An accelerator or an offload engine is a piece of specialized hardware circuitry that implements various functions in order to perform a set of operations with higher performance or greater energy efficiency than a general-purpose microprocessor. The use of accelerators by software to speed up various operations is called hardware acceleration. Accelerators are used to significantly improve the performance of certain workloads. They are often a separate component attached to a system, but may also be integrated directly into the processor.
Note that while an accelerator can also be a co-processor, this isn't always the case. The distinction lies in how an accelerator interact with the host processor. Whereas a co-processor is typically connected to the internals of the host processor which then passes it instructions to execute, an accelerator is typically viewed as an independent I/O device which is programmed though an interface.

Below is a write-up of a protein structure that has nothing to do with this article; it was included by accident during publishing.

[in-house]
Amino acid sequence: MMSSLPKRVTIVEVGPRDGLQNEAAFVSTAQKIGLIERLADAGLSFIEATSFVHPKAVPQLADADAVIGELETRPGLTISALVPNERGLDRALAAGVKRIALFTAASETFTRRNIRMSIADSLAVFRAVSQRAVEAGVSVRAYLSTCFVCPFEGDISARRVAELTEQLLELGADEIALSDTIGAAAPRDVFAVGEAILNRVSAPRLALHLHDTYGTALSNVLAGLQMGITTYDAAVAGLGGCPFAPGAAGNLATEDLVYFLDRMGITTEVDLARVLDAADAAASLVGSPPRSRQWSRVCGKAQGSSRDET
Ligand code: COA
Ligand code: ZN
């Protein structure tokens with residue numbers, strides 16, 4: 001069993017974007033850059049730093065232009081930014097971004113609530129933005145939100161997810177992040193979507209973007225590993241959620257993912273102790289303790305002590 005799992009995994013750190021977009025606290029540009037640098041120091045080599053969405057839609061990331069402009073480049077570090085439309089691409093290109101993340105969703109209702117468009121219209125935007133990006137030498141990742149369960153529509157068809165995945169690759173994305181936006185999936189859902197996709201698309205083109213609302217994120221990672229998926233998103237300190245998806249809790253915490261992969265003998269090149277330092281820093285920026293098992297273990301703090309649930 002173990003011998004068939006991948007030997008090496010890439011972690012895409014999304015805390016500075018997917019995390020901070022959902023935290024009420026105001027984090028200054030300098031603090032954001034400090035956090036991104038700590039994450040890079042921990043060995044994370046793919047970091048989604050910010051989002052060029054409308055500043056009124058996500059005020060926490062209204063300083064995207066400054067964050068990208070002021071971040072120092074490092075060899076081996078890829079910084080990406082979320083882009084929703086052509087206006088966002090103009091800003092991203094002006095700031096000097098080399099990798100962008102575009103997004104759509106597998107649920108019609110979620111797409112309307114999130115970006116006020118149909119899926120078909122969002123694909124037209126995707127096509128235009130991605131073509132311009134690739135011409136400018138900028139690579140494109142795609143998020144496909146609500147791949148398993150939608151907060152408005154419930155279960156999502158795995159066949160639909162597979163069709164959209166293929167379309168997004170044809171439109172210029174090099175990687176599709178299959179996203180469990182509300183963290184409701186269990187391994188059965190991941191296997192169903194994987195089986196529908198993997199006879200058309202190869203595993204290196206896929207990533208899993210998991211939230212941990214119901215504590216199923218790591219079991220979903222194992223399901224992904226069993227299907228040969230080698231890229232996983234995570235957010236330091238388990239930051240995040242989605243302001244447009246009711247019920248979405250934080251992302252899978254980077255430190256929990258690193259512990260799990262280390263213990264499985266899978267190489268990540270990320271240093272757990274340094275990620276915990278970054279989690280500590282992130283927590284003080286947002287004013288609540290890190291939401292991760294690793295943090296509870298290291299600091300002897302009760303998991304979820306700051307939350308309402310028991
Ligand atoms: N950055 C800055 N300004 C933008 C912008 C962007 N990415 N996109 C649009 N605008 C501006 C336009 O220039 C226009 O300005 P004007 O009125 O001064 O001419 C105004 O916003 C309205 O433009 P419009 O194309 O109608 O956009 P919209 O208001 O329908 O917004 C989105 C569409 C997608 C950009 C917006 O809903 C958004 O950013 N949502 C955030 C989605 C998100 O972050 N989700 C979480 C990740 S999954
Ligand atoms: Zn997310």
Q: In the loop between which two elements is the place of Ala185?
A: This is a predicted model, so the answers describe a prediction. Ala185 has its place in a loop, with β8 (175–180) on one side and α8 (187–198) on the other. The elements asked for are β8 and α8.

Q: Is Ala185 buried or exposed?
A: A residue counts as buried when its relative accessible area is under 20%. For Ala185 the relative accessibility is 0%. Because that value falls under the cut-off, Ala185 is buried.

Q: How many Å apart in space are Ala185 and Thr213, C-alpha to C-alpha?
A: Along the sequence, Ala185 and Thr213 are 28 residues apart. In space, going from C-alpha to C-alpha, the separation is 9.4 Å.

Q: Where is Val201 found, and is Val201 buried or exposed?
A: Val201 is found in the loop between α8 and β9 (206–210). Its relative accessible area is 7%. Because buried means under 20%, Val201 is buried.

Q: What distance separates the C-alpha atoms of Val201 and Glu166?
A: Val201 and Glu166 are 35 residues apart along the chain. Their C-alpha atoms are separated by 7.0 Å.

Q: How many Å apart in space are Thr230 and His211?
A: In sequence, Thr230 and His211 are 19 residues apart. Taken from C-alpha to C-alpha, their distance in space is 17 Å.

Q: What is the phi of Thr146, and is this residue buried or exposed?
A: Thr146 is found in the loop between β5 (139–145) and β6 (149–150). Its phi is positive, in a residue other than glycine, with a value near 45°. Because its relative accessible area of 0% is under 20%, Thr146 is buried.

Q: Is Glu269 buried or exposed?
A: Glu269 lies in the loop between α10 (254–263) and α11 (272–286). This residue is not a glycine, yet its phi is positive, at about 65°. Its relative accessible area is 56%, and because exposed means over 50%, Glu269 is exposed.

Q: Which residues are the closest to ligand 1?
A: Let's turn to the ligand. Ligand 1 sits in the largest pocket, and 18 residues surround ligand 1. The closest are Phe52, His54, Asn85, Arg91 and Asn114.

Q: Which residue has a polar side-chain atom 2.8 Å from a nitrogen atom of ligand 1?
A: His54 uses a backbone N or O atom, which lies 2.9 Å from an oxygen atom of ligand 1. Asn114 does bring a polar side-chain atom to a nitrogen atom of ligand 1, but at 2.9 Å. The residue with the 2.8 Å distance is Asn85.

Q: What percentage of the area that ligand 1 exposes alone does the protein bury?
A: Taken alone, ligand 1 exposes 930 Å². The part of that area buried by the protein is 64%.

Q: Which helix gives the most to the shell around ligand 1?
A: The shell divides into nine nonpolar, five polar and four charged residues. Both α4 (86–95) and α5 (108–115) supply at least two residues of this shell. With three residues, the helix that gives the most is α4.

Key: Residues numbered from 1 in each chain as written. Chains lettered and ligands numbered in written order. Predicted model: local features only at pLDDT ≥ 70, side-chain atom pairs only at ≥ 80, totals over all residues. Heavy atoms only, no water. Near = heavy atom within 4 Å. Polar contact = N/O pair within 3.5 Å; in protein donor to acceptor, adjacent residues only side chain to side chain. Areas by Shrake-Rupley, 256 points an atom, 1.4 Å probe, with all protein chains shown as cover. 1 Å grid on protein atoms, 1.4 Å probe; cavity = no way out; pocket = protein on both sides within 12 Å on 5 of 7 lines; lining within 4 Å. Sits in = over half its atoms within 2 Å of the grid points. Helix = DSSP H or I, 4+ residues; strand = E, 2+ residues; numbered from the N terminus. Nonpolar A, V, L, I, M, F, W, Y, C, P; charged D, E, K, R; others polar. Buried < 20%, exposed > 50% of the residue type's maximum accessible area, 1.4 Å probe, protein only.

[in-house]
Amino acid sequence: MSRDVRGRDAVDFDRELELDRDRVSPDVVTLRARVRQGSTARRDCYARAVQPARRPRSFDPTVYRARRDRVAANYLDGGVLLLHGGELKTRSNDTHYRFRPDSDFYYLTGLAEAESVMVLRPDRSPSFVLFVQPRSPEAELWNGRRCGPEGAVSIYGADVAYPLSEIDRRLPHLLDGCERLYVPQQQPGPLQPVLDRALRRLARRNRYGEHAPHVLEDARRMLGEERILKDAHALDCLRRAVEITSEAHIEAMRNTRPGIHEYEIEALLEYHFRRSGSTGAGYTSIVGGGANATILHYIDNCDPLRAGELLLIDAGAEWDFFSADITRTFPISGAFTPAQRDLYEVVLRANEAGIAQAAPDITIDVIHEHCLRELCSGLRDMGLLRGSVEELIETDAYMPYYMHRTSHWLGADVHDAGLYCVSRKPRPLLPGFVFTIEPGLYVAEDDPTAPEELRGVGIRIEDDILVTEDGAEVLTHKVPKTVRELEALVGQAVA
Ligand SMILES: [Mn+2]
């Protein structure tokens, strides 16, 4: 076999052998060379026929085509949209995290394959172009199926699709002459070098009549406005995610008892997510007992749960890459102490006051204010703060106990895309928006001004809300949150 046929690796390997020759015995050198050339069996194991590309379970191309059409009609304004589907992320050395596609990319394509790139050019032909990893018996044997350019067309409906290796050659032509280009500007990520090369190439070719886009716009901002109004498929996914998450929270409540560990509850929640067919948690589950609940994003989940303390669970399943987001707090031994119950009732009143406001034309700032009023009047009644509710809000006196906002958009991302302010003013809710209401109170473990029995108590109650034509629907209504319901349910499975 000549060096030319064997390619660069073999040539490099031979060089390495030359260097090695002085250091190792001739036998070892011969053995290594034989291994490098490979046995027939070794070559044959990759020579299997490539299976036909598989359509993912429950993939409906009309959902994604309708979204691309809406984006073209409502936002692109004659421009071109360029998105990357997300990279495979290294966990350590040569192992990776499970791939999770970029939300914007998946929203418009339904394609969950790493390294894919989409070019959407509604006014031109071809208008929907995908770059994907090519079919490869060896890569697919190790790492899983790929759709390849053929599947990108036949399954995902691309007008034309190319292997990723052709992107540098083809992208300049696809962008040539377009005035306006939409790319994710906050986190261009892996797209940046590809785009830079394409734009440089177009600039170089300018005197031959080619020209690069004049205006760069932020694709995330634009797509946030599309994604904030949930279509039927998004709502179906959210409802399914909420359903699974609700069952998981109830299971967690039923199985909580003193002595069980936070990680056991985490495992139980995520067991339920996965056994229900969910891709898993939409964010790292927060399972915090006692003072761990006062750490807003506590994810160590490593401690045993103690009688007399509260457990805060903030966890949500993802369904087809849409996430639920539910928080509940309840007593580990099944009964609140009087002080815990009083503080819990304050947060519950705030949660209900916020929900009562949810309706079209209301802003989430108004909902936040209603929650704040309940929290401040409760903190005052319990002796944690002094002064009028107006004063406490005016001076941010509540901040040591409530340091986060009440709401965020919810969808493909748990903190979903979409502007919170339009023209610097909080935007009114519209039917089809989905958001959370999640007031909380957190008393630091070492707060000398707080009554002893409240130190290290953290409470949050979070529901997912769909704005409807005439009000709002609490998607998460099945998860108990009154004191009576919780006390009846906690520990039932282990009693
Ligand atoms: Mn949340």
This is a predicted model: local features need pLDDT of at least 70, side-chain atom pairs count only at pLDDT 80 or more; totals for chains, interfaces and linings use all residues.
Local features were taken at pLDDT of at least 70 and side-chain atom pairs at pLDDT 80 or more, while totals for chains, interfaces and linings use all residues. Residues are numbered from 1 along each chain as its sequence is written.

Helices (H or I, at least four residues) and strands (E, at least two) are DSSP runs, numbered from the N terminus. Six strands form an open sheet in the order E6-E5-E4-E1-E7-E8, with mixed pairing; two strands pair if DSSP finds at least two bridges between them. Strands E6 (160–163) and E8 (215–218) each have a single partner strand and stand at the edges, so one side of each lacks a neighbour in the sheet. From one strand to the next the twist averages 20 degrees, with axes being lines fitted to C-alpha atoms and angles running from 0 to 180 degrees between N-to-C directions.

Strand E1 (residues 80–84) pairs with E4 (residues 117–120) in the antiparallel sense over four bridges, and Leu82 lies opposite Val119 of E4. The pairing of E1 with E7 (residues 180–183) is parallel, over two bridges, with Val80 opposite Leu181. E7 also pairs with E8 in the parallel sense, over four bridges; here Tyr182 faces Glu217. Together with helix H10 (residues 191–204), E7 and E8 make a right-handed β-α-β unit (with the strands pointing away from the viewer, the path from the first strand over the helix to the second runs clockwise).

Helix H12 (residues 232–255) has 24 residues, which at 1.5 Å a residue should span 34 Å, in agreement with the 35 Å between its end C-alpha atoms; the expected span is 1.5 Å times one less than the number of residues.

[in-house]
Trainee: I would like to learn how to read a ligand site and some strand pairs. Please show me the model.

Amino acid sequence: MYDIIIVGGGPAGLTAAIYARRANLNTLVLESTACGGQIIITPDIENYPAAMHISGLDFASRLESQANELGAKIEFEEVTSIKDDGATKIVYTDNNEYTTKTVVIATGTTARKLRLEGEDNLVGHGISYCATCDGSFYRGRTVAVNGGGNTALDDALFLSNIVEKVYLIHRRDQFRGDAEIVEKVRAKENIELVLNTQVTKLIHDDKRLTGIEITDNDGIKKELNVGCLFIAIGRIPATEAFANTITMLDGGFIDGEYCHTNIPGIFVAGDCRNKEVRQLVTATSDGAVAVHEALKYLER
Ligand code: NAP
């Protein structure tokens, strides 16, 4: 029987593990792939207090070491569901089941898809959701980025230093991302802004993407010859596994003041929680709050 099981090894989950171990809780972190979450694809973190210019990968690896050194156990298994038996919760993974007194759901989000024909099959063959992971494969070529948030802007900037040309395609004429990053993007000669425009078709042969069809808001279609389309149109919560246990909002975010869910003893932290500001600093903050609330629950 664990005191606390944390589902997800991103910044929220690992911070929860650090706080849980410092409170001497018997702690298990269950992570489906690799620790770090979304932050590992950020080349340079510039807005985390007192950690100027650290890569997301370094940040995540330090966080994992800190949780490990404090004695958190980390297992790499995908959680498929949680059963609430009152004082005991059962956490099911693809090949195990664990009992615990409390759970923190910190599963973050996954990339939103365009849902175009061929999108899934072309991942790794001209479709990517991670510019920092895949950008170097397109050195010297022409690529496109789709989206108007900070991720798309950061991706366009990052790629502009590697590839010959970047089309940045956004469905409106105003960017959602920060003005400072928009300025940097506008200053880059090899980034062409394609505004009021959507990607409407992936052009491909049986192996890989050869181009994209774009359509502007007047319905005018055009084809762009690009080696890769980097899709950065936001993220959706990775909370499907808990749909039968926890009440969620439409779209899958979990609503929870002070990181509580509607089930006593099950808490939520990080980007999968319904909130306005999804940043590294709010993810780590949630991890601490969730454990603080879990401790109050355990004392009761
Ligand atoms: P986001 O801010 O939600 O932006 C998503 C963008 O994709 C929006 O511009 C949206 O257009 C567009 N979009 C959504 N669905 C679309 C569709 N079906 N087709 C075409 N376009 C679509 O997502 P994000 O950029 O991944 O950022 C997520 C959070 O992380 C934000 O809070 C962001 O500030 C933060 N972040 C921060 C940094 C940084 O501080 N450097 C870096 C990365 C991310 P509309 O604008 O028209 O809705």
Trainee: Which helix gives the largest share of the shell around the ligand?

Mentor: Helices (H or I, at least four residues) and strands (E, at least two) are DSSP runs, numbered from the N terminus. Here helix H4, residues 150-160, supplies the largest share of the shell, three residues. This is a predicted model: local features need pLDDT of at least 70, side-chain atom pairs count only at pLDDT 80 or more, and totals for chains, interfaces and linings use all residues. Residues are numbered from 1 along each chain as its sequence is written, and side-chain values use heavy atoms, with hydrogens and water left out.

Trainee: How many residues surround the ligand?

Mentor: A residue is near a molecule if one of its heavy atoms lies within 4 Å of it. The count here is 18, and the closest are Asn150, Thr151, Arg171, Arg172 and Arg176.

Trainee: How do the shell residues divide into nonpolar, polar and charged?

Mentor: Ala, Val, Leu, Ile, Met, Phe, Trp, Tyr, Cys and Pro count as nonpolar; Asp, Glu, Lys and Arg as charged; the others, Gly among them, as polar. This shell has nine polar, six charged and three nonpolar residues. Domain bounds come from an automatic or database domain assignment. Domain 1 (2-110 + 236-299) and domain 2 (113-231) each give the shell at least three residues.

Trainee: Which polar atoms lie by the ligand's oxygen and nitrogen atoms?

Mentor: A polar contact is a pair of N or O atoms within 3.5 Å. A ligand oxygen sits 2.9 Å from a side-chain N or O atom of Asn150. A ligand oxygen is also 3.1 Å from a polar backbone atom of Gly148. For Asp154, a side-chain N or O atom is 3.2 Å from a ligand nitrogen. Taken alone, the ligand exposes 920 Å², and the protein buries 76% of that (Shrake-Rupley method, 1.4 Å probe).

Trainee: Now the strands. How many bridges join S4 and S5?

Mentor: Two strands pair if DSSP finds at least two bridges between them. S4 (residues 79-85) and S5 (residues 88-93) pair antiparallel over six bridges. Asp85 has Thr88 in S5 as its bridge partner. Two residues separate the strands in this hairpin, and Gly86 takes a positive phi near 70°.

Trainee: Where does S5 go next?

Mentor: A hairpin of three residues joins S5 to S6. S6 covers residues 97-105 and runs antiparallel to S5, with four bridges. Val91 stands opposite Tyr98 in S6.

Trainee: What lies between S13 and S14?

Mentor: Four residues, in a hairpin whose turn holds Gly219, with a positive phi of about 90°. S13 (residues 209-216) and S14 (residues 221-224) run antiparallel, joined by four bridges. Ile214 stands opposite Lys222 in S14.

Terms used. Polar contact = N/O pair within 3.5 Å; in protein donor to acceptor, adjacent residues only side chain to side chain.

Motivation & Overview
The use of accelerators is not a new idea. Already in the 1980s, floating point co-processors were an early example of accelerator adaptation. However, higher integration enabled by Moore's Law allowed companies to incorporate those functionalities onto the host processor, eliminating their purpose. For the next few decades afterward, general-purpose microprocessors continued to improve in single-core performance through Dennard scaling and Moore's Law. Modern SoCs incorporate an array of integrated accelerators for performing tasks such as cryptography and compression acceleration.
However, by the late 2000s Dennard scaling collapsed and single-core performance improvements started diminishing. Those deficiencies sparked renewed interest in accelerators. Accelerators can be implemented in silicon, as in the case of ASICs, or as soft hardware. Because this is hardware that is performing the equivalent of software code executing computationally heavy algorithms, the result is almost always either higher performance or more power efficient than what optimized code on a general-purpose microprocessor would be capable of.
Types of accelerators
Generally, accelerators fall into two categories:
- Data-driven accelerators - accelerators that are operate on a set of data independent of the CPU.
- Algorithm-driven accelerators - accelerators that perform a specific algorithm on dedicated hardware.